Iran denounced British premier Tony Blair's call on Wednesday for an alliance of Muslim countries against Teheran as "hostile," accusing him of fueling tensions in the region.
Blair wrapped up a Middle East tour Wednesday with a stark speech in the Gulf city of Dubai, warning that "there is a monumental struggle going on worldwide between those who believe in democracy and moderation, and forces of reaction and extremism."
He said the chief foe in the region was the government of Iranian President Mahmoud Ahmadinejad, accusing it of "openly supporting terrorism in Iraq" and trying to stop democracy there and in Lebanon. "We must therefore mobilize our alliance of moderation in the region and outside of it to defeat the extremists," Blair said.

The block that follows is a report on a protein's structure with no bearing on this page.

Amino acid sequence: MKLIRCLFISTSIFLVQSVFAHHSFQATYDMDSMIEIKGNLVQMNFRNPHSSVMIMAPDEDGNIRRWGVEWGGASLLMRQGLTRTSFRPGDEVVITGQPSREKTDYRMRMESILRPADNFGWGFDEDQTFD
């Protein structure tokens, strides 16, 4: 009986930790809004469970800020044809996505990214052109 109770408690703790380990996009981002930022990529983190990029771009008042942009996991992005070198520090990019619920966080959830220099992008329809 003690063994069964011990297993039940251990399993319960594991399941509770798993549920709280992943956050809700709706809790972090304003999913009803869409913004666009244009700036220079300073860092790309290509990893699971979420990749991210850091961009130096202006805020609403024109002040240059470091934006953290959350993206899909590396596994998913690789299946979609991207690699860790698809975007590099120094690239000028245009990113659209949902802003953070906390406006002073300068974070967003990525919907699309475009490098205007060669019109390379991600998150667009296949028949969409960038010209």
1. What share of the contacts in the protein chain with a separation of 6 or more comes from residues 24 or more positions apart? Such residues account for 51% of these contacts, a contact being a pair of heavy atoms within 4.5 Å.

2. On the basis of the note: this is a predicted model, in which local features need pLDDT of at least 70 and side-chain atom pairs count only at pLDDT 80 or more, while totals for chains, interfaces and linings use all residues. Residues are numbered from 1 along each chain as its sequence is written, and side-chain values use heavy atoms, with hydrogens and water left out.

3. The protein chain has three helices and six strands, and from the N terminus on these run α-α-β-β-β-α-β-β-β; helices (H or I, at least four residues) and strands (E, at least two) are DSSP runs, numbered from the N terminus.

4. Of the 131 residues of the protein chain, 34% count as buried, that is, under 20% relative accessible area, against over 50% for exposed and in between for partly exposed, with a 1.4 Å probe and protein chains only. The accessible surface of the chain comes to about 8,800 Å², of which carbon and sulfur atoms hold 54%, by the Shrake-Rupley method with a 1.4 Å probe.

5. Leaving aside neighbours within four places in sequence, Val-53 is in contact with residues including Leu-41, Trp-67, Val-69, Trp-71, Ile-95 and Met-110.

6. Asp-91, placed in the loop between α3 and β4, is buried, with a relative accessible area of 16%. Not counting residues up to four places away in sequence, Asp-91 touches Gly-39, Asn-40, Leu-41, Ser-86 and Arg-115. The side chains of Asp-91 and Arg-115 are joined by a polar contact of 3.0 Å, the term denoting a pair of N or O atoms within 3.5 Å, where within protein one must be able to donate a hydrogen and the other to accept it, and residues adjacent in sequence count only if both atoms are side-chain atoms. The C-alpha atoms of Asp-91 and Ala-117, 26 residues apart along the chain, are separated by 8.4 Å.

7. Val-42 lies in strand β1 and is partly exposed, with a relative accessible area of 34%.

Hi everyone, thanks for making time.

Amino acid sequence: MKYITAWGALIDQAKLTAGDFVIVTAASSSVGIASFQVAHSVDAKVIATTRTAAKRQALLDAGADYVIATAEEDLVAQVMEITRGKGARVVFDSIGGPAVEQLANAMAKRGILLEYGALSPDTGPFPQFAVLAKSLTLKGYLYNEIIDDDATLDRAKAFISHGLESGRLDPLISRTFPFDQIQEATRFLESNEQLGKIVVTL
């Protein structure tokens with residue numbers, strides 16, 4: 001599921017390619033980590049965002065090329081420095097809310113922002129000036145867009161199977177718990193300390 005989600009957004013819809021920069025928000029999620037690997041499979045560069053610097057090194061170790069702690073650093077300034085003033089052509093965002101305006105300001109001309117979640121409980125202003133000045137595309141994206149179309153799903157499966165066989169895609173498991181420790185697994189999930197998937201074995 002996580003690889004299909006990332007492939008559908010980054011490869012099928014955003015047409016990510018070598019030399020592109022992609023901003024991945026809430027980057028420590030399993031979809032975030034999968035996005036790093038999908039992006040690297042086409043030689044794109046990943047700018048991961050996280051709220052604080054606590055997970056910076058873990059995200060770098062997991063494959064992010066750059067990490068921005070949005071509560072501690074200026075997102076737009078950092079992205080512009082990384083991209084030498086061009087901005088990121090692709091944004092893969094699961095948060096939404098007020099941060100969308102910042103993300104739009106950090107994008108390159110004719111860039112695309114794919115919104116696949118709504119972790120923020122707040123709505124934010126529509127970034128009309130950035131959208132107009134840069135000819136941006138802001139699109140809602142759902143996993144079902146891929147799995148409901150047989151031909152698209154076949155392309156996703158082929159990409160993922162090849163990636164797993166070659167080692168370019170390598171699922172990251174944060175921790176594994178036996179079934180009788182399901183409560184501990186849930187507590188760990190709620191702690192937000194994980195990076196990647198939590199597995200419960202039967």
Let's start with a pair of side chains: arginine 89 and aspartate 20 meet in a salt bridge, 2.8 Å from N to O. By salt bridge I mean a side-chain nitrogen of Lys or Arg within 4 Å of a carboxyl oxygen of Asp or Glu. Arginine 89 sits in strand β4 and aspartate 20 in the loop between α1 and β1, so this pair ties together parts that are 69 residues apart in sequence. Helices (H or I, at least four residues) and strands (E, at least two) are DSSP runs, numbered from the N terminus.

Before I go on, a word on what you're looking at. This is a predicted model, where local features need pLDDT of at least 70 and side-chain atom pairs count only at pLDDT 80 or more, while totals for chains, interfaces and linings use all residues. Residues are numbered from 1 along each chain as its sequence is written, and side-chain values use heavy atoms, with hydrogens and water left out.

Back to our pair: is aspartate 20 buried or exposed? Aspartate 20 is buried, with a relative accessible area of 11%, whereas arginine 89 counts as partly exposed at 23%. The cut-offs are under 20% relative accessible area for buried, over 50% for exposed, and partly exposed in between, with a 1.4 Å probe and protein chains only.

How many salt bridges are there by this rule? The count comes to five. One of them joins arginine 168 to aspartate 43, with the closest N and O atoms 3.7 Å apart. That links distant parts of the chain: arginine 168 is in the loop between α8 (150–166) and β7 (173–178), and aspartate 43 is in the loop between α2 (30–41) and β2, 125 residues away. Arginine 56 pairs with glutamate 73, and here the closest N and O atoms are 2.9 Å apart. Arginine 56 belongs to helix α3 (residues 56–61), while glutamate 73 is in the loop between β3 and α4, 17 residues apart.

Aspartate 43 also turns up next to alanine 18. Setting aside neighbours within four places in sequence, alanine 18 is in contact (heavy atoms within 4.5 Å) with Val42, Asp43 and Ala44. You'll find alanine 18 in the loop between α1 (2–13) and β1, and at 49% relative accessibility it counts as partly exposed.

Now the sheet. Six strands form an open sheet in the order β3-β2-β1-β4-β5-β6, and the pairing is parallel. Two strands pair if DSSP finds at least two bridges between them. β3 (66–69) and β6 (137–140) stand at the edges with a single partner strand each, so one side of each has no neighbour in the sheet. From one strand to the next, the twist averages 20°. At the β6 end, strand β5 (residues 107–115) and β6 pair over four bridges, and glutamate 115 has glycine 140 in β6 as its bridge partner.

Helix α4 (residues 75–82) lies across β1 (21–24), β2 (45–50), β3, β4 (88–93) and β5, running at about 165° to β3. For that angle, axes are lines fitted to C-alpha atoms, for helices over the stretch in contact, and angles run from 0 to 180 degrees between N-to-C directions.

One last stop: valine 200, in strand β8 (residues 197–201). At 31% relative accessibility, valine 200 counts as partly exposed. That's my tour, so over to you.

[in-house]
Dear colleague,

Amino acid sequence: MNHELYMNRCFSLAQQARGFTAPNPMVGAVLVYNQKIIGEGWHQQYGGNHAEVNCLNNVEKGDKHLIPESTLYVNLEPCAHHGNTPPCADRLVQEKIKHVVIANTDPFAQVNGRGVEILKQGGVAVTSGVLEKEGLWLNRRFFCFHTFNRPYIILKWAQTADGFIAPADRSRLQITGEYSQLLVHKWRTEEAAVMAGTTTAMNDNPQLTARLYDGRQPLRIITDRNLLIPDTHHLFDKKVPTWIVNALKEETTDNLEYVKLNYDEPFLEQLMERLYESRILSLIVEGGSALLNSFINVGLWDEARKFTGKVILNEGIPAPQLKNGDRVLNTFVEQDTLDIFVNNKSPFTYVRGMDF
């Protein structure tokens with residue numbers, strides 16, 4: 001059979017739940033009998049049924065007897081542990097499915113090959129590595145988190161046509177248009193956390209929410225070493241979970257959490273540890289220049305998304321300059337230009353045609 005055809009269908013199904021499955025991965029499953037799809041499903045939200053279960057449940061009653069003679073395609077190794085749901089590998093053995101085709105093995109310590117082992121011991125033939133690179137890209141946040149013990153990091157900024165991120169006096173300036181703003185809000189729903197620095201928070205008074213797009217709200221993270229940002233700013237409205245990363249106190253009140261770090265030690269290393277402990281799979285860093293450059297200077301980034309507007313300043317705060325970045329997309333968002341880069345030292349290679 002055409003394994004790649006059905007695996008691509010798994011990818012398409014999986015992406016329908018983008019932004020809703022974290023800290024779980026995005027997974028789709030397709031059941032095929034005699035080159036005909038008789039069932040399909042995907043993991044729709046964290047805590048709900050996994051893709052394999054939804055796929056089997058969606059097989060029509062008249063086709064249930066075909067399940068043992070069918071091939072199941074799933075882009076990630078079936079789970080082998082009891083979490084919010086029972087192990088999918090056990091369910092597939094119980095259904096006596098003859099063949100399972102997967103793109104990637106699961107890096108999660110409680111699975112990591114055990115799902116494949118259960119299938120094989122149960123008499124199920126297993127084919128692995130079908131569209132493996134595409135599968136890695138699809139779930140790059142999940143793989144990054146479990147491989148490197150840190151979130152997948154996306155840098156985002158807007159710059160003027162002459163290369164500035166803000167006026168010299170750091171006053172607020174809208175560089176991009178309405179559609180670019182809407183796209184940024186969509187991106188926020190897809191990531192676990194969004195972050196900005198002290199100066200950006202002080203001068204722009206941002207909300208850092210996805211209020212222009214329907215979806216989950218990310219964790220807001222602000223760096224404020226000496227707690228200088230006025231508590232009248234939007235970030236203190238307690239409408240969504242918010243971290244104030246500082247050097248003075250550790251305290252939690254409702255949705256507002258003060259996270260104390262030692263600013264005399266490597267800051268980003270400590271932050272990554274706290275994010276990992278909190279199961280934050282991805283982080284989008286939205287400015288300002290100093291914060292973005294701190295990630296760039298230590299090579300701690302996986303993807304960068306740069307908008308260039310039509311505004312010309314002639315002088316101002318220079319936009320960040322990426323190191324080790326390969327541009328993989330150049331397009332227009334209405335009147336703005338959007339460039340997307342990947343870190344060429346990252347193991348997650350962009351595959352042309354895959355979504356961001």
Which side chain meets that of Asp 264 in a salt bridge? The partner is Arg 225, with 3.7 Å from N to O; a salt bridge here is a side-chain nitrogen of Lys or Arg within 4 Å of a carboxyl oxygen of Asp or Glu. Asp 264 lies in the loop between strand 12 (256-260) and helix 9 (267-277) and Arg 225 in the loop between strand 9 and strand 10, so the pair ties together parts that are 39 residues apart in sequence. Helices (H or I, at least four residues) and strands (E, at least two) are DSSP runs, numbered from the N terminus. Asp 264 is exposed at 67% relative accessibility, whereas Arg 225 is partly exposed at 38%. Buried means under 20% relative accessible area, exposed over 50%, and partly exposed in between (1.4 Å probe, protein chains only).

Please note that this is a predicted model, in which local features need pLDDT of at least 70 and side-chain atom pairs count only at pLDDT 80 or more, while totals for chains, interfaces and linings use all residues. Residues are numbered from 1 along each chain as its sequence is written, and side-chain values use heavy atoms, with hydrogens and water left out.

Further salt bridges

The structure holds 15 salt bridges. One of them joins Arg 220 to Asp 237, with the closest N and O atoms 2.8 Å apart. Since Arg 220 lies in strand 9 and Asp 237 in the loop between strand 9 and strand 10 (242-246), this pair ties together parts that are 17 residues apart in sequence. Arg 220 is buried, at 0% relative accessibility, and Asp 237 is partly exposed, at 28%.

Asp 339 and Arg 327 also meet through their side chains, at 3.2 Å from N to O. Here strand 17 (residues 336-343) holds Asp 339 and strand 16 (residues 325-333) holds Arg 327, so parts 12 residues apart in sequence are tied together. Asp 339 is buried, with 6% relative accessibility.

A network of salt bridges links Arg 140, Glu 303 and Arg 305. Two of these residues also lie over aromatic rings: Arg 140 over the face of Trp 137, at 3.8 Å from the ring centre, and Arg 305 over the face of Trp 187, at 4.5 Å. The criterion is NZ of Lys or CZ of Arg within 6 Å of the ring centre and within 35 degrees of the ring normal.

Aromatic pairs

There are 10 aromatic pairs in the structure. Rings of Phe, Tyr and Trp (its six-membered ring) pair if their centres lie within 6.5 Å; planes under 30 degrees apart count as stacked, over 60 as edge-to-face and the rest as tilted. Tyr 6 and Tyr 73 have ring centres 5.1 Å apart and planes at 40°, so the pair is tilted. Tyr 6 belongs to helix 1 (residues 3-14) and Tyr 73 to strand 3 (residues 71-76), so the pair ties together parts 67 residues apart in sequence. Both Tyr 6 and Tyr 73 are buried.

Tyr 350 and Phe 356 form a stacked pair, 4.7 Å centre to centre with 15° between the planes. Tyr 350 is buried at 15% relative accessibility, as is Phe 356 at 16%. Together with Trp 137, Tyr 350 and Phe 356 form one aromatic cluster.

Iran's Foreign Ministry spokesman Mohammad Ali Hosseini said Blair's speech was "hostile" and "obvious intervention" in the region's affairs.
"The negative and discordant tendencies of Britain, along with the war-mongering and unilateral policies of (US President George W.) Bush and Blair, have been the reason for tension and extremism and the cause of public hatred in the region," Hosseini told the state news agency IRNA.
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